Tuesday, September 25, 2012

Whose responsibility is it?

Hi all!  Coming to you from NY and sorry for not having posted in a bit.  IVF is going well-- surgery is scheduled for tomorrow morning to remove the eggs, hooray!  My ovaries are each about softball-sized right now and I'm feeling like I ate two Thanksgivings.  Oy!  So after this, I will go home and recover, and take some super-serious anti-immune-problem medications, and prepare for an embryo transfer in a month or three.  (In the meantime my embryos will be vitrified at the lab.)

In the meantime, I'm going to take a huge risk and post a comment here on my blog regarding something I read elsewhere which was brought to my attention by a friend.  I couldn't comment on the original site (maybe I'm just dense, couldn't find the comment spot!)

The post is here: http://gi3girls.com/2012/06/im-a-bjj-practitionerand-a-girl/.  By the way, congrats to Jen, the author, on her brown belt which is well-earned and deserved.

Here's my comment.. whose responsibility is it to protect training partners in that situation?

And here's my thought:  while the person who launched into some kind of flying kimura was clearly taking things too far... and while it sucks to be promoted right before Mundials especially via a tough-as-nails belt challenge like this... it's ALWAYS ultimately OUR responsibility to protect OURSELVES by tapping.  (Not that Jen could have tapped in time given the description of that flying kimura!  but perhaps she could have tapped in many other rolls after that?) As soon as you are injured, you tap.  There are no points for "winning" in the academy.  There is only learning.  If people allow their pride and determination to continue to force themselves into positions where they worsen their injuries, that is THEIR  fault because training partners can't be expected to read their mind. 

Your thoughts?

20 comments:

HomeImprovementNinja said...

I gotta agree. Unless we're talking about someone doing an illegal technique (like slamming from guard, which has happened to me), or it's a move that the person can't release quickly even if you tap, it's on you to tap. I've broken fingers and toes, injured ribs, and had every joint imaginable on ice at one point or another, but those are my fault. If i'm being stacked awkwardly by someone who is bigger than me I have to decide if i want to keep working the technique and put myself in danger or tap and start over. If I choose the former it's on me.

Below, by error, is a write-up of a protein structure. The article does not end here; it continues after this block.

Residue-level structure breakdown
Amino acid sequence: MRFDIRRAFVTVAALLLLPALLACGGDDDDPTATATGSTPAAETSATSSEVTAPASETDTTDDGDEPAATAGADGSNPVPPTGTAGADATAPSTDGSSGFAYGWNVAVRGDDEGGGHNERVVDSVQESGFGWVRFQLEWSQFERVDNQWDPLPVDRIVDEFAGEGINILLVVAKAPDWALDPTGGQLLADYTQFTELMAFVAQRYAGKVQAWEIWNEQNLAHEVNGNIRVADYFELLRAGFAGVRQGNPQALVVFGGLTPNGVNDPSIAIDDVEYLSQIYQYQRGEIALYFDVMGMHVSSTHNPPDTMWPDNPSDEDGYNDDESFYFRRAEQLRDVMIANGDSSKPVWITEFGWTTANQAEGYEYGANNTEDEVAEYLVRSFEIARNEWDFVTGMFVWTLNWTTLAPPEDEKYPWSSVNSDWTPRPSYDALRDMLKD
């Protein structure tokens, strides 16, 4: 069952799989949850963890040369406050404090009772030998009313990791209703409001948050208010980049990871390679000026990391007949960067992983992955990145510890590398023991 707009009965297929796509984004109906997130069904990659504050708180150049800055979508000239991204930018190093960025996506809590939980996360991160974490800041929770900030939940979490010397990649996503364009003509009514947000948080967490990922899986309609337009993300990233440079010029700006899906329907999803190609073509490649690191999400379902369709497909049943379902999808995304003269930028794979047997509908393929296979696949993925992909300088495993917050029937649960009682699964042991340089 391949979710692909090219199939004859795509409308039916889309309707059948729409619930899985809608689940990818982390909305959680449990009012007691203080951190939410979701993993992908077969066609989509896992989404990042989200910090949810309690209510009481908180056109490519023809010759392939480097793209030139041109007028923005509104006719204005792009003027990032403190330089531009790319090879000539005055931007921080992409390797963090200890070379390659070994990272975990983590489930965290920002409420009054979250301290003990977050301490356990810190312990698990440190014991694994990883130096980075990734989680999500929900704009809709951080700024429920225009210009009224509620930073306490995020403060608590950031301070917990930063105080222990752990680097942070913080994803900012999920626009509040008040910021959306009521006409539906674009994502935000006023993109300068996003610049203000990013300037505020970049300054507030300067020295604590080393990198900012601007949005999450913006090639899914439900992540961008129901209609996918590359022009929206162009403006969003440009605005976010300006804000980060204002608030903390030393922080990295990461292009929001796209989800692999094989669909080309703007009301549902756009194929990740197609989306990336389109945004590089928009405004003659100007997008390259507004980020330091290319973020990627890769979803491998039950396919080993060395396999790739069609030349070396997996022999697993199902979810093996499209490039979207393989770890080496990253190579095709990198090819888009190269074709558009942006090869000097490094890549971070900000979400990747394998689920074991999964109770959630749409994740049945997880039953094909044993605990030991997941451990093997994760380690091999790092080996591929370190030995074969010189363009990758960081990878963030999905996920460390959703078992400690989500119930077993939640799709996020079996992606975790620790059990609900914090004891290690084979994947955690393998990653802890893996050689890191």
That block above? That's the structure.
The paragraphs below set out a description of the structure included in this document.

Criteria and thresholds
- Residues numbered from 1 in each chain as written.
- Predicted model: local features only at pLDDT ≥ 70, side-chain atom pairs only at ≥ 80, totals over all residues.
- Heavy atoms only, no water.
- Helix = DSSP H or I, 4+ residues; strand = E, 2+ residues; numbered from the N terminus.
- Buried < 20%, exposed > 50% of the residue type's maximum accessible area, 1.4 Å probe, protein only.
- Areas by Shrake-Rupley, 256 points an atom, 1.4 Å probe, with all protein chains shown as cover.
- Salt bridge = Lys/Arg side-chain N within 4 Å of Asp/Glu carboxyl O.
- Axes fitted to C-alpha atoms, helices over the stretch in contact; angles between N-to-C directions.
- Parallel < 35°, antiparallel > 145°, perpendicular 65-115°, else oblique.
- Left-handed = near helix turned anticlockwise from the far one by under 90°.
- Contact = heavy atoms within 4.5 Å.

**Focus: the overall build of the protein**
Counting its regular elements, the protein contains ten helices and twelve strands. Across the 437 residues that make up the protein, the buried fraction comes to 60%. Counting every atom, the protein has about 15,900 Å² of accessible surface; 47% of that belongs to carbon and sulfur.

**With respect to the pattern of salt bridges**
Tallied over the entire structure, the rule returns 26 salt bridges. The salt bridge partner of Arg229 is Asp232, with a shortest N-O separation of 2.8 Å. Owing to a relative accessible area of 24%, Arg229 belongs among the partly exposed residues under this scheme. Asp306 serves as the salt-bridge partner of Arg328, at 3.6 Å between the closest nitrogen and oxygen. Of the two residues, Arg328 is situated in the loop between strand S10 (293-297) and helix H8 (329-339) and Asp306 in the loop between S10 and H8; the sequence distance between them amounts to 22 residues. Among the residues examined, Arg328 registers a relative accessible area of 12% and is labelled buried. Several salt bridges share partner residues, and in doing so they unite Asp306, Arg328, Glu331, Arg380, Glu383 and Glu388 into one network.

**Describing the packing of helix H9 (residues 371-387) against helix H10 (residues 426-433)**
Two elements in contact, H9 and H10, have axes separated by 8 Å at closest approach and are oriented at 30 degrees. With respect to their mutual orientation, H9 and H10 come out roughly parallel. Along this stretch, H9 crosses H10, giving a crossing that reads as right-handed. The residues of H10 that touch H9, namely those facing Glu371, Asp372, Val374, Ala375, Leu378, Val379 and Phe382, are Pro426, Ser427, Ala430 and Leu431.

As I get older I increasingly choose the latter. Breaking something and going through recovery and physical therapy sux, and as you get older it takes longer and stuff never goes to 100% the way it was before, so you have to keep in mind who you are what your goal is. I'm coming up on my 42nd birthday and my goal is to practice for as long as I can and improve steadilly, so i roll and tap accordingly.

SavageKitsune said...

It's hard to judge from a secondhand description of the situation, but it does sound like the blue belt in question went for a sub in a way that was not fully controlled.

Of course accidents happen, and he was *supposed* to be going kind of hard because it was a test, and sometimes we get a little sloppy with the people who outrank us because we're thinking (consciously or subconsciously) that 1)what we're trying isn't going to work on them or/and 2)they're so advanced that they can protect themselves adequately.

But I try to stay controlled at all times. It's their responsibility to tap- but if I slam a sub on too hard and fast and they don't have time to tap, that's my fault. If it's uncontrolled, then there's too much danger of it being too hard and fast- that's why it has to be controlled.

SavageKitsune said...

I'll also note that when I was a white belt, I rolled too early after a rib injury, and a guy accidentally hurt me. He was annoyed with me after he found out I had a rib injury- "You should have told me!" and he was right.

I would have been annoyed with the poster if she rolled with me when she had a torn shoulder, and didn't tell me. If I hurt her worse, I'd feel terrible, but I'd also feel like it was her fault for not telling me. I want to know if you have a torn shoulder, so that I know to not yank on it.

In my former kung fu class, when we did striking drills and sparring, I would sometimes pause and ask my partner, "How's this intensity? Is this okay?" There was one particular classmate who- no matter how hard I hit her- would never tell me to ease up. Thus I did not know how hard I could safely hit her. I was very uncomfortable working with her because I couldn't figure out where the boundaries were and couldn't trust her to communicate about them. All I could really do (I would have avoided working with her altogether if I could have, but the class was too small) was to hit her incredibly gently because that was the only way I could be sure it was okay.

To work safely with others in the martial arts, you have to have good communication and know where the boundaries are.

SavageKitsune said...

If I see that someone has a wrist taped or a brace on their knee, I'll ask about it- and it annoys the crap out of me if they say "Don't worry about it, just roll." I am not a douchebag and I am not gonna crank on somebody's sprained wrist. If you won't tell me WTF is going on with your wrist, I don't know how careful I need to be, so I am not going to touch it at all and I'm going to be going light with you and just letting you tool me, because I'm scared of hurting you. Then I'll go find somebody else to roll with who will communicate better about boundaries.